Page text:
Seven years after it set some of the world's most stringent environmental targets, the European Union is about to revise its long-term goals to take more account of industry and changed economic circumstances.
Following years of economic turmoil, low growth and rising energy costs, the EU is looking to strike a balance between tackling climate change and giving industry room to manoeuvre as it prepares to unveil new targets on Wednesday.
Instead of the “Holy Trinity” of goals laid down in 2007 - a 20 per cent reduction in carbon dioxide emissions from 1990 levels by 2020, 20 percent use of renewable energy sources and 20 percent gains in energy efficiency - the new targets for 2030 are likely to be simpler.
As the United States enjoys an energy boon because of the exploitation of vast shale gas reserves - its natural gas prices are roughly a third of EU levels - Europe will also avoid putting obstacles in the way of its own shale exploration. But while the targets are less ambitious and the atmosphere more realist, the expected headline goal would demand effort.
EU officials say they expect the European Commission, the executive arm of the 28-nation bloc, to suggest cutting CO2 emissions by 40 percent from 1990 levels by 2030 - still a higher benchmark than any other industrialised region. "We still have a responsibility of leadership, but we should not believe we can do this alone," one of the officials involved in drafting the policy paper said, acknowledging that the EU cannot afford to be as ambitious as it was in 2007.
While the shift reflects realism at a time when the EU's biggest trading partners, including the United States, Japan and Canada, have scaled back their climate commitments, it is also a nod to the lobbying influence of European industry. Major companies and utilities have said that overly stringent targets will drive business out of Europe, making it harder for the continent to compete. With growth negligible and unemployment at record highs, that is an argument that has found traction in Brussels.
"The high cost of non-competitive technologies to decarbonise the power sector cannot be borne by our companies in addition to already uncompetitive energy prices," heads of industry said in a letter to the Commission this month. The 14 signatories, who asked for "one single, realistic target" plus a goal on industrial growth, included top executives from chemical companies BASF and Dow, and steelmaker Arcelor Mittal.
Roger Pielke, a professor of environment at the University of Colorado at Boulder, says it is an "iron rule" that economics dominates climate goal-setting. "When politics focused on economic growth confronts politics focused on emissions reductions, it is economic growth that will win every time," he wrote in his book "The Climate Fix". Or, as analysts Andrei Marcu and Christian Egenhofer at Brussels' think-tank CEPS put it in a paper this month: "The economic crisis, which has contributed to achieving EU greenhouse gas emissions reduction targets, has also made industry margins shrink, and so too the industry's ability to invest in existing and new facilities in the EU.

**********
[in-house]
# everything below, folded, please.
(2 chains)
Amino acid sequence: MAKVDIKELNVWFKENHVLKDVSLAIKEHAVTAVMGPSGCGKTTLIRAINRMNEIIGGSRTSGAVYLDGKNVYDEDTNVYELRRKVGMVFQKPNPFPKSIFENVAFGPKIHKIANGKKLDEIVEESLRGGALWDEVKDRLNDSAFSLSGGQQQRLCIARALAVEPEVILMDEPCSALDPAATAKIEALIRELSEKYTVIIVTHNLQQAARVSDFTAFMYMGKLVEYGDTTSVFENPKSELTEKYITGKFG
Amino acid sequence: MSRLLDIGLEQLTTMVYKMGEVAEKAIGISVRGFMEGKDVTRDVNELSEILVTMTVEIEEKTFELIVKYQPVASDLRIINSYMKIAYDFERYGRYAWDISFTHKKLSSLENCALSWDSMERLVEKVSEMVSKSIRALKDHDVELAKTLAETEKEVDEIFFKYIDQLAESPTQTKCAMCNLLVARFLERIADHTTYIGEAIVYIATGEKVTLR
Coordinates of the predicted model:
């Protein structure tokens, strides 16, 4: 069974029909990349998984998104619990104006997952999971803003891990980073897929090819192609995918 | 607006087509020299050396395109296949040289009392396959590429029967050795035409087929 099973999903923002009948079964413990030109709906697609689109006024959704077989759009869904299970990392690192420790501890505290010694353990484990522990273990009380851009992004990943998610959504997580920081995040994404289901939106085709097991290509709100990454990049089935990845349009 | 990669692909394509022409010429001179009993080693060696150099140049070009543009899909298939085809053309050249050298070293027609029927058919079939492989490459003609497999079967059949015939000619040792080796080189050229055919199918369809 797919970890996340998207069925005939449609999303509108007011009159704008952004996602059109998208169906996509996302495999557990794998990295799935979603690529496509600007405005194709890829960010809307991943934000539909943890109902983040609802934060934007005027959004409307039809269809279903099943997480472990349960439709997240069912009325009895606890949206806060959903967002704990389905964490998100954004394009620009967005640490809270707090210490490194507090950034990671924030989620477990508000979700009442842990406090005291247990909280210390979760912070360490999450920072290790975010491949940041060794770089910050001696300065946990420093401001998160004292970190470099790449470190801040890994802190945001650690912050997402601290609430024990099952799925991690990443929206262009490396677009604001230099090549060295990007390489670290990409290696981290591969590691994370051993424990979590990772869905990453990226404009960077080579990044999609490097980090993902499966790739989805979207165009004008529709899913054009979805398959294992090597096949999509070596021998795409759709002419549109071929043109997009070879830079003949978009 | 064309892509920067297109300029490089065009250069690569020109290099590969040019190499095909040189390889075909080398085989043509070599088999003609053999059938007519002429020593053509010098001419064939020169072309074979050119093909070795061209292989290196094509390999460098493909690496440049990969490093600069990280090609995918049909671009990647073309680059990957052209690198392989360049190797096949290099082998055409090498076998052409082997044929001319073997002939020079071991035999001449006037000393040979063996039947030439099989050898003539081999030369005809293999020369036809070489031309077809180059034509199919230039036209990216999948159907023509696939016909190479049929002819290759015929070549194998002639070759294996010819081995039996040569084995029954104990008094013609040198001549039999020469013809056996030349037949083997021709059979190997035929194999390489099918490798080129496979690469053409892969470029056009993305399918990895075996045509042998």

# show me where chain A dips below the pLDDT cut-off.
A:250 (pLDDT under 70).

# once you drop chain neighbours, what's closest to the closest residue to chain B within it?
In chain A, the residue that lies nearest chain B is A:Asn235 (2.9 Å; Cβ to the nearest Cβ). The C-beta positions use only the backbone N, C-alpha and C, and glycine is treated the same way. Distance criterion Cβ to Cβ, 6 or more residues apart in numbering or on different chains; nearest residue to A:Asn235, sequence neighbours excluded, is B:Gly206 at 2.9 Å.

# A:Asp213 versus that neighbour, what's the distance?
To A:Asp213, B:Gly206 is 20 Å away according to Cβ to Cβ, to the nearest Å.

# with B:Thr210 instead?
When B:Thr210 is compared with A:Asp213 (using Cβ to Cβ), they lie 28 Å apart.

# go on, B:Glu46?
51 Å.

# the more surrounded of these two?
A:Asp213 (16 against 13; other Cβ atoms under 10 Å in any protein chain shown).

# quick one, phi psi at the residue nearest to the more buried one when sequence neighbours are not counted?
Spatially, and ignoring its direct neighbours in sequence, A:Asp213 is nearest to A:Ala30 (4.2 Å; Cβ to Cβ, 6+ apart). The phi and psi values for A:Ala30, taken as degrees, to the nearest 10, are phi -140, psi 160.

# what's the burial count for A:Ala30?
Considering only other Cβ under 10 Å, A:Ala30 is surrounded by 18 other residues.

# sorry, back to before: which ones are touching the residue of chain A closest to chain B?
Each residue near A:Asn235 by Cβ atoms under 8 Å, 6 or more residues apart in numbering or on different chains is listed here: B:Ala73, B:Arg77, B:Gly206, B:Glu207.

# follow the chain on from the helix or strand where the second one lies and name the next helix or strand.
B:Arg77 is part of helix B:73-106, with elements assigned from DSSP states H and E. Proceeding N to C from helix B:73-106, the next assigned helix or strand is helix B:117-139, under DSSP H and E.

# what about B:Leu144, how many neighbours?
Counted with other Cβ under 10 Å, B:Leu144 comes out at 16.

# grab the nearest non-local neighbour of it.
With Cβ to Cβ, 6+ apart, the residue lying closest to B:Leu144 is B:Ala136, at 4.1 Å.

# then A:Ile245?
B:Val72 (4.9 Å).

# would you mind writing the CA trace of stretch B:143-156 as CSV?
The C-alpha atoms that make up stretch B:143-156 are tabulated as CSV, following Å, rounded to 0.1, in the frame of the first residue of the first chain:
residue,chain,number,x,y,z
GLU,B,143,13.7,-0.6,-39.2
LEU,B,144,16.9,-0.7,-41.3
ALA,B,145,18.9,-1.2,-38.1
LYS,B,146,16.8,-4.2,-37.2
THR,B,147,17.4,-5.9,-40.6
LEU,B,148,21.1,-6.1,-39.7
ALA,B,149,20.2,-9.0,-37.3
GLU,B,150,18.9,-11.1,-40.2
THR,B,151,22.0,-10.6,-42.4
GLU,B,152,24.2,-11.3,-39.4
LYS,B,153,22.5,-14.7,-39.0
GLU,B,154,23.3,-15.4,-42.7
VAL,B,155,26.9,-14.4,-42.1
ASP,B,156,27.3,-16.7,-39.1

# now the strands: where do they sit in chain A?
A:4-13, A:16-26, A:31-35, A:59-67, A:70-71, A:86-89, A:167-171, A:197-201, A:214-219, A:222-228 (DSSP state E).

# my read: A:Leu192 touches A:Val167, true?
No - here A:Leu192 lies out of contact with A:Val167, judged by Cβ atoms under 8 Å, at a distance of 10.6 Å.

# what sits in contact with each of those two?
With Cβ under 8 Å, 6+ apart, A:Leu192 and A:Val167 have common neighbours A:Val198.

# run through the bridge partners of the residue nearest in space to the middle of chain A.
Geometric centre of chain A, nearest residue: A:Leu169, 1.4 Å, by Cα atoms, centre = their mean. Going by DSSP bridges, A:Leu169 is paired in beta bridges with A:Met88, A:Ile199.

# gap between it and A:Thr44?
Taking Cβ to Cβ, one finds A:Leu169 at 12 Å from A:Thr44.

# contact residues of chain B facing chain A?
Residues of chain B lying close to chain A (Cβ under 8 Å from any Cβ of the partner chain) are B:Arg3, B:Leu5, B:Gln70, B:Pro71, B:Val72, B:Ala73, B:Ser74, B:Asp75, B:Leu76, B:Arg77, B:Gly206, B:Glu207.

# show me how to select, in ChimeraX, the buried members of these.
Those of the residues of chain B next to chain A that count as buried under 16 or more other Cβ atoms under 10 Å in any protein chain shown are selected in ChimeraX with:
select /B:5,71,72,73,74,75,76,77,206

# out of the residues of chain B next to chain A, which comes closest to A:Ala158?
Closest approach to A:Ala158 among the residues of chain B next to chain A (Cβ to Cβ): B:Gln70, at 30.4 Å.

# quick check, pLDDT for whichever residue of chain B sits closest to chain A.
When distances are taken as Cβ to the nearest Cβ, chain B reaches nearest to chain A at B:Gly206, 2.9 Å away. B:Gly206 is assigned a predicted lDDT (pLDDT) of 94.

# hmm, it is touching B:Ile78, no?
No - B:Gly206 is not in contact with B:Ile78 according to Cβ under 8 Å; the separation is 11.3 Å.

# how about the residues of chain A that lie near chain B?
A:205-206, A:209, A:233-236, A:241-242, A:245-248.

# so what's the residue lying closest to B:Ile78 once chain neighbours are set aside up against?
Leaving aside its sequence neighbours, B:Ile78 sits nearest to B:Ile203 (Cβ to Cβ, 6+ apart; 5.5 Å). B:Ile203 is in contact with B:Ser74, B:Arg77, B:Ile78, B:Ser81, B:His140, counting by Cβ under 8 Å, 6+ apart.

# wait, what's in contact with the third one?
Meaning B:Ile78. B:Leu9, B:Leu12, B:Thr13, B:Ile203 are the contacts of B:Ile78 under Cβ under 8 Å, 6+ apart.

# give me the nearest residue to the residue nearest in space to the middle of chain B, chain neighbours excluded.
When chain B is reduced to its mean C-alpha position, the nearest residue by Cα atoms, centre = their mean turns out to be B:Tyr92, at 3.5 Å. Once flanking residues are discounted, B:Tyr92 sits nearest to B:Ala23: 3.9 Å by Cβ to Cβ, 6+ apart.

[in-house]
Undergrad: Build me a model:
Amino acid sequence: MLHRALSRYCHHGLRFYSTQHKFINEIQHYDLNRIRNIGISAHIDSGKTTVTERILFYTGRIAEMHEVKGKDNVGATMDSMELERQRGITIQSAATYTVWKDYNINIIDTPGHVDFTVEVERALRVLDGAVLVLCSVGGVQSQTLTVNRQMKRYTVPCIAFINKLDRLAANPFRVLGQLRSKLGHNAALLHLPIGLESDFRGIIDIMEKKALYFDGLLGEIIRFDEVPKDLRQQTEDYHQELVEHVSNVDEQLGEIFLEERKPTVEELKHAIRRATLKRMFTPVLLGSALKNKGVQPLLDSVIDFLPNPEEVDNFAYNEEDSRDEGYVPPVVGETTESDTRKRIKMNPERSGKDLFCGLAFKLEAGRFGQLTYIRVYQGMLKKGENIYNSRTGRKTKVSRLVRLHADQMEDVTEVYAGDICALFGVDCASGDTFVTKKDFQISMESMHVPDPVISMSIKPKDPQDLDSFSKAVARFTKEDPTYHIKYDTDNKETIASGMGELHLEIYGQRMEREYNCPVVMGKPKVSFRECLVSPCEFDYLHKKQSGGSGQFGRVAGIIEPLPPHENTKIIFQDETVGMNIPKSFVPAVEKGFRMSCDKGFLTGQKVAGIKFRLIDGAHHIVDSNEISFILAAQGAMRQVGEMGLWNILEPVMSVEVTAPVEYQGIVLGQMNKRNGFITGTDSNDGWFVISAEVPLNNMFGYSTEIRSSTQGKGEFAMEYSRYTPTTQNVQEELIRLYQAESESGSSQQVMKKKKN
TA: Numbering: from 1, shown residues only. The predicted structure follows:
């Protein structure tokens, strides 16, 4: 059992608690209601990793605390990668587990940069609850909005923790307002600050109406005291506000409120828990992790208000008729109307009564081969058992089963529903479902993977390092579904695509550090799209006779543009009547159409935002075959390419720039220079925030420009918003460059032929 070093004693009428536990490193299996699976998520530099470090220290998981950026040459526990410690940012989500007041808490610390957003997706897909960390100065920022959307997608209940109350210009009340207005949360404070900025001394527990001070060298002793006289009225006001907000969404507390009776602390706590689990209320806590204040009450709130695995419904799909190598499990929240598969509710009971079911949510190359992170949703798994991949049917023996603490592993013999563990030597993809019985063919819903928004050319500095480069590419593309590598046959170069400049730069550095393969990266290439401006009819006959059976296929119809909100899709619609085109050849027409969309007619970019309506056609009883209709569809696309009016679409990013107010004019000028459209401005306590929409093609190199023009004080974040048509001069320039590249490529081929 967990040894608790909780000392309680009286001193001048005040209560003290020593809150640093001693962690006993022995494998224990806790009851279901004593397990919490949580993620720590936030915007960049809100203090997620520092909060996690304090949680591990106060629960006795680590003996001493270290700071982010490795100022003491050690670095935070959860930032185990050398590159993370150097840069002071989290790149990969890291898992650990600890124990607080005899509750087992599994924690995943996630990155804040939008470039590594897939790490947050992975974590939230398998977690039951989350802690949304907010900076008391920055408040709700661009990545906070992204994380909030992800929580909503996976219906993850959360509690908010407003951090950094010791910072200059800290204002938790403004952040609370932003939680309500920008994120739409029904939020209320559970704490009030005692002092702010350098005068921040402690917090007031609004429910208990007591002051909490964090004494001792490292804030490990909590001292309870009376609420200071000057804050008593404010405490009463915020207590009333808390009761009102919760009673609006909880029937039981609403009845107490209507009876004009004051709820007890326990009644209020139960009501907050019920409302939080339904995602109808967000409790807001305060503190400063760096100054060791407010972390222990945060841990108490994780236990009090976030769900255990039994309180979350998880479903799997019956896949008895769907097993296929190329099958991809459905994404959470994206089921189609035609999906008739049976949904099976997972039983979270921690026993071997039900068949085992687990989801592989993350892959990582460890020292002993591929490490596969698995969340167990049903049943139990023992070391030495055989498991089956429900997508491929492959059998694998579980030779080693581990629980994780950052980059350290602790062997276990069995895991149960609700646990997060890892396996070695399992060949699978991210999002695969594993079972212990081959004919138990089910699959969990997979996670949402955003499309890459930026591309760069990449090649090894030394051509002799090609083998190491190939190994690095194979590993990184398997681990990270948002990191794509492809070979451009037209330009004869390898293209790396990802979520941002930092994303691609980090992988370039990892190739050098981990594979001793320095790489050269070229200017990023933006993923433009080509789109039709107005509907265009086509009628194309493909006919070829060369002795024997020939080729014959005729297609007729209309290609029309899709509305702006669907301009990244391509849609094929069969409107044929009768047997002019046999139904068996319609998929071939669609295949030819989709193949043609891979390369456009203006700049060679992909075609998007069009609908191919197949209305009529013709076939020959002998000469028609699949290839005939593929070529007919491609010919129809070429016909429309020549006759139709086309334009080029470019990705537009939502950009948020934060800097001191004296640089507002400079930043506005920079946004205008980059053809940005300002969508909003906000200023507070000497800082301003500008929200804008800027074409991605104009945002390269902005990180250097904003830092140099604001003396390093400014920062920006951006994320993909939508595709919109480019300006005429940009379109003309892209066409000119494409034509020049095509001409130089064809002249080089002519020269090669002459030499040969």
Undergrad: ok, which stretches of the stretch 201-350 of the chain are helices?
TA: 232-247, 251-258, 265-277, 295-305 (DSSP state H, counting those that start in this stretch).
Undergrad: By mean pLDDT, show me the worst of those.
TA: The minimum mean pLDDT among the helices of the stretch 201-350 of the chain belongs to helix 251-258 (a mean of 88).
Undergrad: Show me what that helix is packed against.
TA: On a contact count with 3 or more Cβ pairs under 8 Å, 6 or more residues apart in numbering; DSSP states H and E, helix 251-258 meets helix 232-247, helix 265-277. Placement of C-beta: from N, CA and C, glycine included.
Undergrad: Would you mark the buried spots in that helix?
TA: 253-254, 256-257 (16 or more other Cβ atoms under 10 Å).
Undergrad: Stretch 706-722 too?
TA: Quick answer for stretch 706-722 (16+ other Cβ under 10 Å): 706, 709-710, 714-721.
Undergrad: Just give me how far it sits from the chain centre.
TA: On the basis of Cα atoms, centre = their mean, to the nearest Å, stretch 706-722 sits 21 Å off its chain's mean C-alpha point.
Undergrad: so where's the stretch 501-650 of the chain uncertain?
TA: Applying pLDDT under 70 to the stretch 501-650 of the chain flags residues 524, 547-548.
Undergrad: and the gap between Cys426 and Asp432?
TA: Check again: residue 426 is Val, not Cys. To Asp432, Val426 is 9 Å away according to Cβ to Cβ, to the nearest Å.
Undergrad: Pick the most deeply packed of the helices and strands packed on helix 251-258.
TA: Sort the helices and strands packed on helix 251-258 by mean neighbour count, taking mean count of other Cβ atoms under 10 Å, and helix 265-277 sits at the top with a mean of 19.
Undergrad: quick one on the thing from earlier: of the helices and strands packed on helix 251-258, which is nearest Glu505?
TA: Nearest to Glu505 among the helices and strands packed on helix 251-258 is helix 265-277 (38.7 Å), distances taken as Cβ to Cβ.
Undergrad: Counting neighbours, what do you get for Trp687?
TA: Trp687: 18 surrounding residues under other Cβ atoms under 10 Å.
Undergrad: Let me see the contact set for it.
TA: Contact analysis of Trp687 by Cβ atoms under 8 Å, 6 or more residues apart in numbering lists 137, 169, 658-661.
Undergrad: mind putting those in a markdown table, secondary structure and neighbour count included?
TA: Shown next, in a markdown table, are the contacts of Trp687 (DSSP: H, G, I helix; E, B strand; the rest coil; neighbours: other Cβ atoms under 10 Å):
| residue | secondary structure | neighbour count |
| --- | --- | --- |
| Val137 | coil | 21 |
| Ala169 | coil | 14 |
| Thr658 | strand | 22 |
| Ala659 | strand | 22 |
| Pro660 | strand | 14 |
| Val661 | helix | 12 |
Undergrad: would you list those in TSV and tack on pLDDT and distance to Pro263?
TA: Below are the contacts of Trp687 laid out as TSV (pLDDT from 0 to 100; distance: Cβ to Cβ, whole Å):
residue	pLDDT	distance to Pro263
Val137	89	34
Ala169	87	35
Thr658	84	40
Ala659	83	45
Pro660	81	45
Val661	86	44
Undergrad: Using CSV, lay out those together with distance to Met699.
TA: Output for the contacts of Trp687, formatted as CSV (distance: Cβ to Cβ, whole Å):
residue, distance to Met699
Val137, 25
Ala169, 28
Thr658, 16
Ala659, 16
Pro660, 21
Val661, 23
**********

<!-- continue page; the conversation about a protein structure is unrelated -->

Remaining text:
Most governments' fiscal room for manoeuvre was strongly reduced." The adjusted attitude has many detractors including Germany, the EU's largest economy and most influential country, which is shifting from nuclear power to renewable energy. It is intent on having tough targets not just for overall CO2 levels, but for renewables in each member state. It wants individual binding targets, not the loose EU-wide one expected to be proposed, which critics say could never be enforced. German industry finds itself pulled two ways. Many of its companies are involved in the solar and wind sectors, but it also has major utility companies, which would prefer a single target on cutting emissions.
Europe’s emissions-cutting goal will form the basis for the EU’s negotiating position at UN climate talks, which have a 2015 deadline for agreeing a successor to the 1997 Kyoto Protocol, the current global pact to combat climate change. According to Commission data, a 40 per cent cut in EU emissions of CO2, leading towards an 80 percent cut by 2050, is the least the bloc must do to help prevent global temperatures from warming by 2 degrees Celsius compared with pre-industrial levels.
United Nations climate change experts say a rise of more than 2C would lead to catastrophic effects, including a sharp rise in sea levels. Many scientists disagree with the Commission analysis and say the EU needs to go further than announcing a headline cut of 40 per cent on Wednesday, arguing it must deliver at least 50 percent by 2030. And developing nations, which argue at UN talks that the industrialised world must carry a greater share of the burden, are unlikely to be impressed by the EU offer.
Wednesday’s Commission announcement will be followed by debate at EU summits in March and June and a draft law, probably early next year.